In Oregon, the ultimate repose period for residential construction (that is the absolute deadline to file a claim arising out of residential construction) is 10 years from “substantial completion.” ORS 12.135. This ultimate repose period provides certainty for contractors and developers that their potential liability for residential construction will come to an end after 10 years from substantial completion. Substantial completion is the date when the contracting parties in writing have agreed that the project may be used for its intended purpose or, in the event there is no written acceptance, the date the contracting parties accept the project as complete. ORS 12.135(4)(b).
In PIH Beaverton, LLC v. Super One, Inc., 254 Or App 486 (2013), rev. accepted, the Court of Appeals observed that the definition of “substantial completion” has two parts: The first part provides that “substantial completion” occurs on the date when the owner accepts in writing that the construction has reached the state of completion when it may be used or occupied for its intended purpose; the second part of the definition provides that, if there is no written acceptance, then “substantial completion” occurs on the date when the owner accepts the completed construction. Thus, a project may be “substantially completed” before it is finally completed, but only if the owner accepts the construction in writing as being ready for use or occupancy.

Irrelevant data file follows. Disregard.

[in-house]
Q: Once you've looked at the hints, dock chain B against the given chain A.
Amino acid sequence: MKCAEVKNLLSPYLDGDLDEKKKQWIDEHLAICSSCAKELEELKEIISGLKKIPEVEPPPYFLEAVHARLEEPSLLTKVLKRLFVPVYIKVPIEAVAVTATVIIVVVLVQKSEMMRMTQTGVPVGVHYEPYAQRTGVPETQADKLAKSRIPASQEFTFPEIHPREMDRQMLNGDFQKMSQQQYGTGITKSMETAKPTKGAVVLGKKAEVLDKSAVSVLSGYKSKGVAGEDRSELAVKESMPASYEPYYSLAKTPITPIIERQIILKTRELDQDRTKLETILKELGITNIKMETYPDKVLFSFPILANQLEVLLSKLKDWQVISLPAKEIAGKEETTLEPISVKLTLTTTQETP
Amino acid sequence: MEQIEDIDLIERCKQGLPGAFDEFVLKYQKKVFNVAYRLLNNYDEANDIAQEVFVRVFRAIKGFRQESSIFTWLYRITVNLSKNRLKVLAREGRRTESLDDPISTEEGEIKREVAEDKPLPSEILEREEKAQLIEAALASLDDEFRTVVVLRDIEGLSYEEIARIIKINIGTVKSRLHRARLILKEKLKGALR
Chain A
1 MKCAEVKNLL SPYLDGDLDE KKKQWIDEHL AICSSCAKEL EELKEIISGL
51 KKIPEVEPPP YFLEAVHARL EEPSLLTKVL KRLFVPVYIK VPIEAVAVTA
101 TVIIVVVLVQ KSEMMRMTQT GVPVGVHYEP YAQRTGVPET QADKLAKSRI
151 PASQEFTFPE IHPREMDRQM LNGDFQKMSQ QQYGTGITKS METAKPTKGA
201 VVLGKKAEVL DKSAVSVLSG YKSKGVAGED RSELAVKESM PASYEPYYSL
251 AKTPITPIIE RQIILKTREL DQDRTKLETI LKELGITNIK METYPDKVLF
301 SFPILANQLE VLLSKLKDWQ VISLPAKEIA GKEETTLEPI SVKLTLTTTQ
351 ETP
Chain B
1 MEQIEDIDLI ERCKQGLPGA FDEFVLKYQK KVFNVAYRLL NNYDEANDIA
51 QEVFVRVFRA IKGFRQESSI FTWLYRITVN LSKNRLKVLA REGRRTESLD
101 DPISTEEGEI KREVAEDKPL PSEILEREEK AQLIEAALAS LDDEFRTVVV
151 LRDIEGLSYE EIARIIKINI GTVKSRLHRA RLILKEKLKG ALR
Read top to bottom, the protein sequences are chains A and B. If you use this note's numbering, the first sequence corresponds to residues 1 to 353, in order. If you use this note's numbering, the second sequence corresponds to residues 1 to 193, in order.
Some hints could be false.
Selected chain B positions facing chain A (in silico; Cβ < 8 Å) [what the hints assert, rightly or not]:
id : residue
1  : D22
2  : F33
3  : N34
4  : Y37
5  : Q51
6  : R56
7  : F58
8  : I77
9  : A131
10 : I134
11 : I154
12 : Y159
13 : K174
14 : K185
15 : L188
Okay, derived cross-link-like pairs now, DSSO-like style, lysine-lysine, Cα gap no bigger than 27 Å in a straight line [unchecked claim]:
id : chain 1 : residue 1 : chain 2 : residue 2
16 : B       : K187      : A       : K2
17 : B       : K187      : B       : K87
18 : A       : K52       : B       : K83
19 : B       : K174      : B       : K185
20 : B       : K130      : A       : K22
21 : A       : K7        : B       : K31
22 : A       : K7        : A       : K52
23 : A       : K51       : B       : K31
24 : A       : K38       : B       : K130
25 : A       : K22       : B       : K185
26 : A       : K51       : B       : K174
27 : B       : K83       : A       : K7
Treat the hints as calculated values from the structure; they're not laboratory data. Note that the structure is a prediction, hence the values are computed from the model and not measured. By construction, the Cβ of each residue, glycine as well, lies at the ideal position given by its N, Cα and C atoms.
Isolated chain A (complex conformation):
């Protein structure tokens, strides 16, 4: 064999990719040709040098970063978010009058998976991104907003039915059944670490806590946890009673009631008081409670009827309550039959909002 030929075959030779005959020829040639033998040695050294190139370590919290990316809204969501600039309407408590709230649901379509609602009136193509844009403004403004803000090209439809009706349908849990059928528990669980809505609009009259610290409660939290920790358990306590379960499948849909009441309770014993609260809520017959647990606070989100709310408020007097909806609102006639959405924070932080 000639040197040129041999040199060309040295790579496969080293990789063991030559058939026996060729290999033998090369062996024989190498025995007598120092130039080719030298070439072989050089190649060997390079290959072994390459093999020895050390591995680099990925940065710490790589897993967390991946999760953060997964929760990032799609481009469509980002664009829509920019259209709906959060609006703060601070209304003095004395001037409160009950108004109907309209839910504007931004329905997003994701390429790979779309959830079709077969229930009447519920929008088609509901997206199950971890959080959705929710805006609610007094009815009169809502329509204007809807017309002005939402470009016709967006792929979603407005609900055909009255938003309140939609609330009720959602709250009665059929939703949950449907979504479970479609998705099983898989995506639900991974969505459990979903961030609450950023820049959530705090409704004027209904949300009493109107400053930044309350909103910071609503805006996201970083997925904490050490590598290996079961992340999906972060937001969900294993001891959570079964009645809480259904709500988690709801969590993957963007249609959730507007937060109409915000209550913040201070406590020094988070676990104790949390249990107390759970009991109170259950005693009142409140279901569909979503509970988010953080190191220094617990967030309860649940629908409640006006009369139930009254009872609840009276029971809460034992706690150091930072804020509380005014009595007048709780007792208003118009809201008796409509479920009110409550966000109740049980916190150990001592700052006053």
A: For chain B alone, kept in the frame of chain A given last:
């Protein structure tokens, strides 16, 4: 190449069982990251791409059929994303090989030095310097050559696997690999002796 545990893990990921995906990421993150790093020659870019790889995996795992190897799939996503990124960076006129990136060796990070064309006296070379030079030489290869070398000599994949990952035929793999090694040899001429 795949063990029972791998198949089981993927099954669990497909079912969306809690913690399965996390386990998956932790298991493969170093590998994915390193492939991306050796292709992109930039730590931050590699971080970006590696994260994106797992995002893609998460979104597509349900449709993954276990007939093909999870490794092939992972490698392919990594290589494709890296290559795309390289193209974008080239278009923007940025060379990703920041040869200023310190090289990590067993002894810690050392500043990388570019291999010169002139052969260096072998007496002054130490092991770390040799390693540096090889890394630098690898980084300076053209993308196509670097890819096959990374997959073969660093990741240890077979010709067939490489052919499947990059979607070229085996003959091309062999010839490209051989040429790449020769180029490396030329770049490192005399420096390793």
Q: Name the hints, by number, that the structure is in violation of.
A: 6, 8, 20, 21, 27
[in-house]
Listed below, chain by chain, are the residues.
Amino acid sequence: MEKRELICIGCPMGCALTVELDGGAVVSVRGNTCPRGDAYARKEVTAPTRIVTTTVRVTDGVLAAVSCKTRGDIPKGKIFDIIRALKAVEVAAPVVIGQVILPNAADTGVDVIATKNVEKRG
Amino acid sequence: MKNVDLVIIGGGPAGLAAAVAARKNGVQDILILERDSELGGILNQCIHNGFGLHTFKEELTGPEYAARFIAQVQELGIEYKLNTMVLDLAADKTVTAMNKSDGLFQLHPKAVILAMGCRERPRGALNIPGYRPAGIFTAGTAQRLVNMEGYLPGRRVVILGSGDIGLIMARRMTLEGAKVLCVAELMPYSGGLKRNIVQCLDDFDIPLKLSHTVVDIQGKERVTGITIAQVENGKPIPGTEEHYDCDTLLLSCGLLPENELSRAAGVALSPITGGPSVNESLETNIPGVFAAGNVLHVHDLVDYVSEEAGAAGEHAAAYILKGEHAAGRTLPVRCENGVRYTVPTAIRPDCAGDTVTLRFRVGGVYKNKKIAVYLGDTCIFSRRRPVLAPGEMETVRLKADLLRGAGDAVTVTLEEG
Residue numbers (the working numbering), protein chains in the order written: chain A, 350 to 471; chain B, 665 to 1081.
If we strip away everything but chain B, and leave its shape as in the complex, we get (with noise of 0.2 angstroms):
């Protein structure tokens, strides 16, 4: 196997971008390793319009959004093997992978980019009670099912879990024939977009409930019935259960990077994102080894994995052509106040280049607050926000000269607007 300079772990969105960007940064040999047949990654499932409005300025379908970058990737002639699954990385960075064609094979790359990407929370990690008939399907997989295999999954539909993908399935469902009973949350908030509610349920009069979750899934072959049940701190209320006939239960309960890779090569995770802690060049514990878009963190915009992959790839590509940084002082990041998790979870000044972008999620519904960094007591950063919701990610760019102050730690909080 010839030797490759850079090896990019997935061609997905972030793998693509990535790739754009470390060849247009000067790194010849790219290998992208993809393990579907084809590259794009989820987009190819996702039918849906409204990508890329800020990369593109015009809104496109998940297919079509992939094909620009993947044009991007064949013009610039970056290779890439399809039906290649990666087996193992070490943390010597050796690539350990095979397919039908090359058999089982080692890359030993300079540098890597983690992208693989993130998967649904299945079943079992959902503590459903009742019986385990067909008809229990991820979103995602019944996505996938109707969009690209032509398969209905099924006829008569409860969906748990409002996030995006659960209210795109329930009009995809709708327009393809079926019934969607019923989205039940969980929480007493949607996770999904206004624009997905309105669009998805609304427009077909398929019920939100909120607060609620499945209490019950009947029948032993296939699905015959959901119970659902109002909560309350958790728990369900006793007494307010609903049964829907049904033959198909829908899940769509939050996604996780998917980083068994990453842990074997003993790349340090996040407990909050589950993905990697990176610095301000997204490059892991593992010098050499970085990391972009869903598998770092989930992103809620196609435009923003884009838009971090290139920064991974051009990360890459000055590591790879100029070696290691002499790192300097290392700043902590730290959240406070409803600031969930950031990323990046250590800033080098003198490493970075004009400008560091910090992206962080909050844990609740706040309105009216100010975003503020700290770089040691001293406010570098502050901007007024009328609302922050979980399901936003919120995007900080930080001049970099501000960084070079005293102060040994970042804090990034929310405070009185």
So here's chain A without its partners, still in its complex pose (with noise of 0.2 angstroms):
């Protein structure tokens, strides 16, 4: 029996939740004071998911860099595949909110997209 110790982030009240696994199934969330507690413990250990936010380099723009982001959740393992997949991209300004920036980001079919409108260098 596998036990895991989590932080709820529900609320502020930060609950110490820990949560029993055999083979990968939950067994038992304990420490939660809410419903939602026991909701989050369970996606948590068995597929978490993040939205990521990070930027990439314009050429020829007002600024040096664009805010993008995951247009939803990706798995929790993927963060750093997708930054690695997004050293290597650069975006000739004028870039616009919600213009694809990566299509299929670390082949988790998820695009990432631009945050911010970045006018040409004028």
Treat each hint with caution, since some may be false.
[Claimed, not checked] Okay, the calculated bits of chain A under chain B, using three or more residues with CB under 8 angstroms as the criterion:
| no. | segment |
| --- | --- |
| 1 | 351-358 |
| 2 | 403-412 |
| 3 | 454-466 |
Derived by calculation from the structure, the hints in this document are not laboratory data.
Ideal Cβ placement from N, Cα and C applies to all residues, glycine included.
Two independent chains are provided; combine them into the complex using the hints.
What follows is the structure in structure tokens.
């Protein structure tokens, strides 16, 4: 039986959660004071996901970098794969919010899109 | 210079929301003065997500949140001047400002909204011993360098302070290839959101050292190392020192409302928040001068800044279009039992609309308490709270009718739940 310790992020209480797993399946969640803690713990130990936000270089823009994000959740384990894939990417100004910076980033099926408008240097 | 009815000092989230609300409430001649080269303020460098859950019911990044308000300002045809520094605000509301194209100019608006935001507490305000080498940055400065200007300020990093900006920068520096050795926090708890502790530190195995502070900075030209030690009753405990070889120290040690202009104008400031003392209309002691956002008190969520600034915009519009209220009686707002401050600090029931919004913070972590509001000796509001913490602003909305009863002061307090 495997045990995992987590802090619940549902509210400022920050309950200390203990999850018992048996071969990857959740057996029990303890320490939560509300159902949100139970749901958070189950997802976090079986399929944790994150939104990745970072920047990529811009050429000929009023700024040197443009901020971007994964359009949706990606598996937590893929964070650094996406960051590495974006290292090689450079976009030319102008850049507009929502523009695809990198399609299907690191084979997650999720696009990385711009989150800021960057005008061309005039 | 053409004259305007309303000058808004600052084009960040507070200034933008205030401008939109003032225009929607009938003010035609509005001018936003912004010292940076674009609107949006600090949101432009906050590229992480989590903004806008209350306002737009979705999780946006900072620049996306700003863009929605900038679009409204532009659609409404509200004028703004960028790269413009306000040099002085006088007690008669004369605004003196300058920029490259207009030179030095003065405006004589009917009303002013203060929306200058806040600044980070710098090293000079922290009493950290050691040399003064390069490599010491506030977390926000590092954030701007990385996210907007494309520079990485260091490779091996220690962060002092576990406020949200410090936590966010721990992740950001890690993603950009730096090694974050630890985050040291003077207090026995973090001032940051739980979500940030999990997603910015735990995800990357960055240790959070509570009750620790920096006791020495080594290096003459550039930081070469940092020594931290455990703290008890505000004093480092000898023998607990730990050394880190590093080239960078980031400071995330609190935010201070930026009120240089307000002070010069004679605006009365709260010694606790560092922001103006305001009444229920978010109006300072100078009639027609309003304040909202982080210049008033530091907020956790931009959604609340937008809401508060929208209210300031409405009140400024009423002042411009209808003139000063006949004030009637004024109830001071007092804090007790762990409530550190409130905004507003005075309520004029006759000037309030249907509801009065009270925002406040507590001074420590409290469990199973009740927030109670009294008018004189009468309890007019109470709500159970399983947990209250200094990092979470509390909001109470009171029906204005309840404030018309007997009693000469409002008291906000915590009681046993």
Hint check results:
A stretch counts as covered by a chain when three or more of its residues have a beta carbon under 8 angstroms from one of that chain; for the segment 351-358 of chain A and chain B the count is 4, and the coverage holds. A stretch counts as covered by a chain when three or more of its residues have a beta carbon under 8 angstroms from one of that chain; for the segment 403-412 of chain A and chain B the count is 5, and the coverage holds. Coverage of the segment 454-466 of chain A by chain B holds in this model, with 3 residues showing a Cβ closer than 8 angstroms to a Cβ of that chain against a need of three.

Trial courts are now applying this two-pronged definition of substantial completion for ultimate repose purposes. For example, in one of the first trial court decisions since the PIH Beaverton decision, Multnomah County Senior Judge (and former Oregon Supreme Court Justice), Robert Durham, held that a notice of completion, along with final inspection dates issued by the City of Portland, were insufficient evidence to conclusively show the date of substantial completion for the purposes of the statute of ultimate repose. According to Judge Durham, to satisfy the definition of substantial completion, defendants must either provide evidence of written acceptance by an owner that the project is ready for use or occupancy, or, where no such evidence exists, evidence of the date when “the contractee accepts the completed construction, alteration or repair of the improvement.” According to Judge Durham, neither the notice of completion nor the City of Portland’s final inspection dates satisfied these definitions. Thus, he denied the defendants’ motion.
The Oregon Supreme Court has accepted review of the PIH Beaverton decision. While the legal contours of substantial completion for ultimate repose purposes are being worked out, residential owners and developers should be vigilant in closing out their construction contracts and, if you think you may have a claim, you should consult an experienced attorney to dig into the construction documents to determine how close you are to the end of the ultimate repose period.